Here are a few tips to potentially save you from opening a message or attachment that is nefarious in nature.

The first rule is “just don’t do it.” It is tempting to just click that link or open that attachment.

You may even do it without a second thought. Scam emails can be very sophisticated, and they will often look like they are real.

Before you do anything, take a moment and consider a few things. If you are sent an attachment from someone you don’t know, never open it. If the fishy attachment or email is from someone you do know but it was not expected, reach out the sender to make sure they actually sent it.

Next, don’t jump the gun on clicking links that are sent to you. Links are easy to manipulate; they can be made to look legitimate, but they’ll actually take you to a different site or start downloading a program or virus.

With links, there are two things you can do.

First, you can open a browser and go directly to the site to bypass all links. This is the safest option, especially when you get an “urgent alert” about your account that “requires immediate action.”

If you can’t go to the page directly through the website, you can hover your cursor over the link. A box will pop up previewing the destination you’re actually being sent to.

If a link looks strange and doesn’t match the company website, don’t click on it. Also, look closely at the link as it may look just like a real one at first glance. Unless you are 100% sure the link is legitimate, do not click on it.

Another giveaway is that the message is poorly written with a lot of grammatical errors. If the message sounds like whoever wrote it doesn’t use English as their first language (and it is not from a foreign company you do business with), delete the message. Do not open or click on anything in the message.

The last point is that it’s usually not a good idea to unsubscribe from scam emails.

This may seem counterintuitive, but when you unsubscribe, you usually put your email address in to confirm you no longer want these messages.

Unfortunately, that lets the scammer know your email address is active. They will continue to send emails to this account or may sell it off as an active email.

Rather than unsubscribe from the email, block the sender. They will not know your email is active, and if they do send another message to you, it will not be received.

SPAM filters are great and they are essential. Still, remember that they are not 100% effective. Even with protection in place, it is wise to proceed with caution.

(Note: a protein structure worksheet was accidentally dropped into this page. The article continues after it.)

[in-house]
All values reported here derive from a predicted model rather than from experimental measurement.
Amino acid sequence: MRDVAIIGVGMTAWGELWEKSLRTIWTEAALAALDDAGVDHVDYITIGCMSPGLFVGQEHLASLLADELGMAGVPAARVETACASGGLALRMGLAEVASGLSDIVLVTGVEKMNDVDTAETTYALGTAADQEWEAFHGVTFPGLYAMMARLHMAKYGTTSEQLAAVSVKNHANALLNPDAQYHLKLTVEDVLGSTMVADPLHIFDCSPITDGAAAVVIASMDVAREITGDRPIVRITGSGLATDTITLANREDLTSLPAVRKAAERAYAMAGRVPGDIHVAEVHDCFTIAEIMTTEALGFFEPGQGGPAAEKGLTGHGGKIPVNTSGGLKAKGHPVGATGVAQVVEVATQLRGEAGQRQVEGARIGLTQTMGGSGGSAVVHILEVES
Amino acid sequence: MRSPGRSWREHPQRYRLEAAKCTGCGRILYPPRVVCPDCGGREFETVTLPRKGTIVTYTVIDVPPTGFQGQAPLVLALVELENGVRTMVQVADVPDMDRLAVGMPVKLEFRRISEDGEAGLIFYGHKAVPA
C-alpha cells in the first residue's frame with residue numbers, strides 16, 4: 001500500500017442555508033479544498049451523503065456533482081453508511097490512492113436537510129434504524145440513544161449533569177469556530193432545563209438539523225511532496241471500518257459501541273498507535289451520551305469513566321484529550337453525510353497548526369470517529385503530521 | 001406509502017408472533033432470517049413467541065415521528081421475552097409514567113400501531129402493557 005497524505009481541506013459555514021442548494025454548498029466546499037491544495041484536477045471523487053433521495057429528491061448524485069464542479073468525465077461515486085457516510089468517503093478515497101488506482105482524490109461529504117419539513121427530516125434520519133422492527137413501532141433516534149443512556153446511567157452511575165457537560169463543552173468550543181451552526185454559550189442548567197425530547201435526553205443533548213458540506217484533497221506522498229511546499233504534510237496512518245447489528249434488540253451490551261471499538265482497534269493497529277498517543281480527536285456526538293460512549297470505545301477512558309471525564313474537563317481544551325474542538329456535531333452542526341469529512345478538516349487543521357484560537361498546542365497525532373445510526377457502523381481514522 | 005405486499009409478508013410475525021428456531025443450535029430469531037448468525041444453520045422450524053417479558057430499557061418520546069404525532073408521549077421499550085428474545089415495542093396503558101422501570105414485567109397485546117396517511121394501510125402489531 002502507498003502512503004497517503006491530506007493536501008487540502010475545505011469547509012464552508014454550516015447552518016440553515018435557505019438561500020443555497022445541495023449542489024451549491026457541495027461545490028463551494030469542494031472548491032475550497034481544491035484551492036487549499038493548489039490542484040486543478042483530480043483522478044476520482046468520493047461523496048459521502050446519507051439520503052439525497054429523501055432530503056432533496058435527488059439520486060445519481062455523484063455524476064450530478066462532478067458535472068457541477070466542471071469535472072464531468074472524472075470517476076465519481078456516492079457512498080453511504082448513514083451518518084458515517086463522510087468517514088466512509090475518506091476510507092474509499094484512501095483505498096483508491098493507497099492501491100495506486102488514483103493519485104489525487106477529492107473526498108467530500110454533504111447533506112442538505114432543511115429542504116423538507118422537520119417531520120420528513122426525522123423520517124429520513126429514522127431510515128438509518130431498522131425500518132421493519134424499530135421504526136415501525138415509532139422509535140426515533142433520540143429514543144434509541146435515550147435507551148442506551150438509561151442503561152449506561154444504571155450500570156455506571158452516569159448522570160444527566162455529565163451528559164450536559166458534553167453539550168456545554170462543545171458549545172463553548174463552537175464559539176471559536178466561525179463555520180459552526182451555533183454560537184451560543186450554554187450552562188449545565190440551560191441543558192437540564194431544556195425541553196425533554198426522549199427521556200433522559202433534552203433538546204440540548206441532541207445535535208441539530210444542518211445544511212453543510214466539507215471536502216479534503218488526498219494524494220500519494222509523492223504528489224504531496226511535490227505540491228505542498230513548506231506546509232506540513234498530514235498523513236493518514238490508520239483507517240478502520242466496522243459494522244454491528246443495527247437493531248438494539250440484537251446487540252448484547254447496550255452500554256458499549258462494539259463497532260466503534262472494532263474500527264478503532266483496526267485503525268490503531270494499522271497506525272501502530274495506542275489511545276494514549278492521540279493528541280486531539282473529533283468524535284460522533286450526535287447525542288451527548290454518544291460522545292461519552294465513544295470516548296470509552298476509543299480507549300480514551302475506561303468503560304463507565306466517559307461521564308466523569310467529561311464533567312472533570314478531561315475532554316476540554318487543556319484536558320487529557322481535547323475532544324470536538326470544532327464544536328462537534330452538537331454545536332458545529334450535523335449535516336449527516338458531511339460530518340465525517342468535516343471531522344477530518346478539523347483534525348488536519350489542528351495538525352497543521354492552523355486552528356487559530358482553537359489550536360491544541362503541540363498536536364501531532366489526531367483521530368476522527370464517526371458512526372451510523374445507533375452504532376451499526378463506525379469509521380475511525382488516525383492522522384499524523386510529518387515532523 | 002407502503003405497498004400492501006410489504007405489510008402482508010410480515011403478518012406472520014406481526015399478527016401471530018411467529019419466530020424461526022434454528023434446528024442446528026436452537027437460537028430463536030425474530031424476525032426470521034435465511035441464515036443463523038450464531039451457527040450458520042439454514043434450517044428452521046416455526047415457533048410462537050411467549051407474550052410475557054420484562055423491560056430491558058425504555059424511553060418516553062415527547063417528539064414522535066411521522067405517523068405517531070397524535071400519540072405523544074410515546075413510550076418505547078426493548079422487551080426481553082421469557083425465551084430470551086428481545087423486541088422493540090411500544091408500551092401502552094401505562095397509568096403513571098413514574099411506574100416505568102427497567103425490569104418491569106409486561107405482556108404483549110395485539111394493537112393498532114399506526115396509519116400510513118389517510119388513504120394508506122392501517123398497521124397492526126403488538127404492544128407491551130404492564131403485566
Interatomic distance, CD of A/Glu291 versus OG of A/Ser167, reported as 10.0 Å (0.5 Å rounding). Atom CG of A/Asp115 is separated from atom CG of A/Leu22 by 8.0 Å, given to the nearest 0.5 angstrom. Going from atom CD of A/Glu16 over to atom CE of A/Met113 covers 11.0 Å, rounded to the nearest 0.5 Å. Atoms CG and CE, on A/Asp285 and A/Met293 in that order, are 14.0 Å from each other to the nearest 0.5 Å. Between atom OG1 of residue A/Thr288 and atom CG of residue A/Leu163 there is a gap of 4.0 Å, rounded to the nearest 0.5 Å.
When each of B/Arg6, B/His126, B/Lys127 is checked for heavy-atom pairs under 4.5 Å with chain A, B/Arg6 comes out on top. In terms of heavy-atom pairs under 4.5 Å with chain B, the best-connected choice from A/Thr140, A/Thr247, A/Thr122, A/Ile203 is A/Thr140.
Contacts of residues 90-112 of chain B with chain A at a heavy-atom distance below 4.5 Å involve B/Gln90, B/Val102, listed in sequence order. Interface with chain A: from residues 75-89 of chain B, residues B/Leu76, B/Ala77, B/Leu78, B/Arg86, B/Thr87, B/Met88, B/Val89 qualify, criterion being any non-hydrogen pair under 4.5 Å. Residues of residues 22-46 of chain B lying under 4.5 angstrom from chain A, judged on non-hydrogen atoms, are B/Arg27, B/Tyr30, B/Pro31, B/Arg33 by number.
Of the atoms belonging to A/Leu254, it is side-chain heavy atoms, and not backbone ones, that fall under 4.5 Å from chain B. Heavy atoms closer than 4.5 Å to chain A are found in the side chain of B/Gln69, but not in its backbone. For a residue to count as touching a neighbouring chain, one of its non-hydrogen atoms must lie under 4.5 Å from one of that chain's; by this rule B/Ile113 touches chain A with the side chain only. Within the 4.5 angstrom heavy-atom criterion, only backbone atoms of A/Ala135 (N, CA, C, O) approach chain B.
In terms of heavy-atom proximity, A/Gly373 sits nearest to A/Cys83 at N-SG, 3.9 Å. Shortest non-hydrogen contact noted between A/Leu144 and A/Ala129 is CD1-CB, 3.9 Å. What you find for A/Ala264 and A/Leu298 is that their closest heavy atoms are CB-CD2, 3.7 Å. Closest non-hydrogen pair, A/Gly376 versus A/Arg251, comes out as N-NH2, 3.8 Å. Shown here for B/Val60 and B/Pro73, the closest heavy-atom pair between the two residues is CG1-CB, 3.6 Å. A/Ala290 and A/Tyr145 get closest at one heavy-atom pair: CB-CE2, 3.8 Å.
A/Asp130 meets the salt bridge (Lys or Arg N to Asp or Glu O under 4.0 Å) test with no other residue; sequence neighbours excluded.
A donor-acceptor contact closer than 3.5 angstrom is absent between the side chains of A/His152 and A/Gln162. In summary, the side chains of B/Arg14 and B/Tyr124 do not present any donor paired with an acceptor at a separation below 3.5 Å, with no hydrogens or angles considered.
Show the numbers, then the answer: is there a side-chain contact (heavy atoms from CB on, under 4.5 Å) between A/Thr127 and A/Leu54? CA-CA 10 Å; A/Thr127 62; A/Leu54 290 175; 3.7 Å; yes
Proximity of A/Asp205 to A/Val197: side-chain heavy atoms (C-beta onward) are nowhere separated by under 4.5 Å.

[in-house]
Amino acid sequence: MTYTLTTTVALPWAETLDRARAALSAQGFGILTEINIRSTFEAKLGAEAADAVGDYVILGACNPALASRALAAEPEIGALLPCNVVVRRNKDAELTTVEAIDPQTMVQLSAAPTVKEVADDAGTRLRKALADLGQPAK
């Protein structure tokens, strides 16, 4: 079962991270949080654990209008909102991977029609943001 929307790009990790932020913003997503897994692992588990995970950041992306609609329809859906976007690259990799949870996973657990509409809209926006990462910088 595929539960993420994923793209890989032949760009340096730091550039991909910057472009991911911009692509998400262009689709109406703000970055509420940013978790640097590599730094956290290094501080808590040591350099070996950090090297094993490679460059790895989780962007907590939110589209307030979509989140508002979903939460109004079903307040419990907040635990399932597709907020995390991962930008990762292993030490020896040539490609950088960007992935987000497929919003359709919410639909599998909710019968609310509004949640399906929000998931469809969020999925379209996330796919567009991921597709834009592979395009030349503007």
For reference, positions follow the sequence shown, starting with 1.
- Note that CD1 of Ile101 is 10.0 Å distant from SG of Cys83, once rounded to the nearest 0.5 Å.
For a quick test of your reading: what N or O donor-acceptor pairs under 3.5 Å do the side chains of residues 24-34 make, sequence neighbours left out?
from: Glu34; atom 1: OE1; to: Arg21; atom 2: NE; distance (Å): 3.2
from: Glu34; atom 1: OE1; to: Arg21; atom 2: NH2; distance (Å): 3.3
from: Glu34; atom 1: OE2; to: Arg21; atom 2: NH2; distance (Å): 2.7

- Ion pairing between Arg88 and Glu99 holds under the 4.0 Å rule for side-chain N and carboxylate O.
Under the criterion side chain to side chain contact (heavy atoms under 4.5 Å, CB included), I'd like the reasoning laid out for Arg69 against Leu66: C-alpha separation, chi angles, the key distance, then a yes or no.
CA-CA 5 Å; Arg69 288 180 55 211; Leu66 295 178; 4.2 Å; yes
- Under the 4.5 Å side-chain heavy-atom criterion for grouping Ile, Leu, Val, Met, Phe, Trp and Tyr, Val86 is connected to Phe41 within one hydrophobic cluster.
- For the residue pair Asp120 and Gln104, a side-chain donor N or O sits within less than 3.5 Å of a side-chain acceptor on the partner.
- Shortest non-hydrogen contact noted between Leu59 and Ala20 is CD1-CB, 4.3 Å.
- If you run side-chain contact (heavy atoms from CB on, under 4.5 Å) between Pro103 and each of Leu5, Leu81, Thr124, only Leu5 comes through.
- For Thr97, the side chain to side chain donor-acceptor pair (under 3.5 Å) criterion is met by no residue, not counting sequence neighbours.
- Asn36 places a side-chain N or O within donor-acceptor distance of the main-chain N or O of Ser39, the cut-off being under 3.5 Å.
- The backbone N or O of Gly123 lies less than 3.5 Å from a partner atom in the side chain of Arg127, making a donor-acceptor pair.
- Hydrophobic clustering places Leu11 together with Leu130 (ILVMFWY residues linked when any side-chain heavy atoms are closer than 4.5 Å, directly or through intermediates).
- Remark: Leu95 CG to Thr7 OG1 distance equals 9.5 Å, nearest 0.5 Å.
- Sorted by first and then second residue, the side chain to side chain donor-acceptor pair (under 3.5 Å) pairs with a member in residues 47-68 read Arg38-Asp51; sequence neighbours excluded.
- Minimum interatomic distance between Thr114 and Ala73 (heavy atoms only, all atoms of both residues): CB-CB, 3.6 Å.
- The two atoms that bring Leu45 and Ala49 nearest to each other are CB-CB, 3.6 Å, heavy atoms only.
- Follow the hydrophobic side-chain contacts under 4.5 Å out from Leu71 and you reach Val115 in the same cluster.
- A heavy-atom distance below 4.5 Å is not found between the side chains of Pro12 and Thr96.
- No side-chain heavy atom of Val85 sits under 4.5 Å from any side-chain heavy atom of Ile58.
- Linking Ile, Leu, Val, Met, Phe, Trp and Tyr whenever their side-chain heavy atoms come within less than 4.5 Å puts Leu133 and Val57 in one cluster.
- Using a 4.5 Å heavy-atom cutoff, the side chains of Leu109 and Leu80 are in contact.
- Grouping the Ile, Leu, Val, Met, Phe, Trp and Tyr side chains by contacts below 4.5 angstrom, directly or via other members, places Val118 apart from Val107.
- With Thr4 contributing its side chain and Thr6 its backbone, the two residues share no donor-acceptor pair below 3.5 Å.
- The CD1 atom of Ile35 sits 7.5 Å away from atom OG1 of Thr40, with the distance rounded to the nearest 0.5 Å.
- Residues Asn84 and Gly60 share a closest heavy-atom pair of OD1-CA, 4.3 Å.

Take a moment to look for signs that the message is not from who it seems. These few seconds can save you a lot of time and money by avoiding disaster.

Would You Know If You Were Being Smished?

Ooof… you’d hope so, right? Sounds uncomfortable.

But push away whatever image that word has put in your head, and turn your attention to your mobile phone.

Smishing is the text message version of phishing.

What’s phishing again? It’s where criminals send you an email, pretending to be someone else (like your bank), to try to get sensitive information from you.

Yes, these cyber criminals really are resourceful. And the more ways there are to try and infiltrate your data, the more they’ll use different platforms.

Just like with phishing, smishing attempts are not always as easy to spot as you might think.

Most of them pretend to be sent from a recognized business – like your network provider, for example – rather than just a random number. Some look like they’ve come from someone you know personally.

They’ll ask you to click a link to take an action like checking your monthly bill, updating your account information, or maybe to pay a bill. It’s usually the kind of message you would expect to see from that business.

But if you click that link… you’ve potentially given them access to your device. And that means they may have access to your data, passwords, and any other information stored on your phone.

Terrifying.

Protecting yourself is really similar to the way you’d deal with a phishing attempt on your email:

• Never click on any links unless you’re certain the sender is who they say they are

• If you’re unsure, contact the company (or person) on their usual number to check

• And if an offer seems too good to be true, it usually is (sorry, you didn’t really win that competition you never even entered)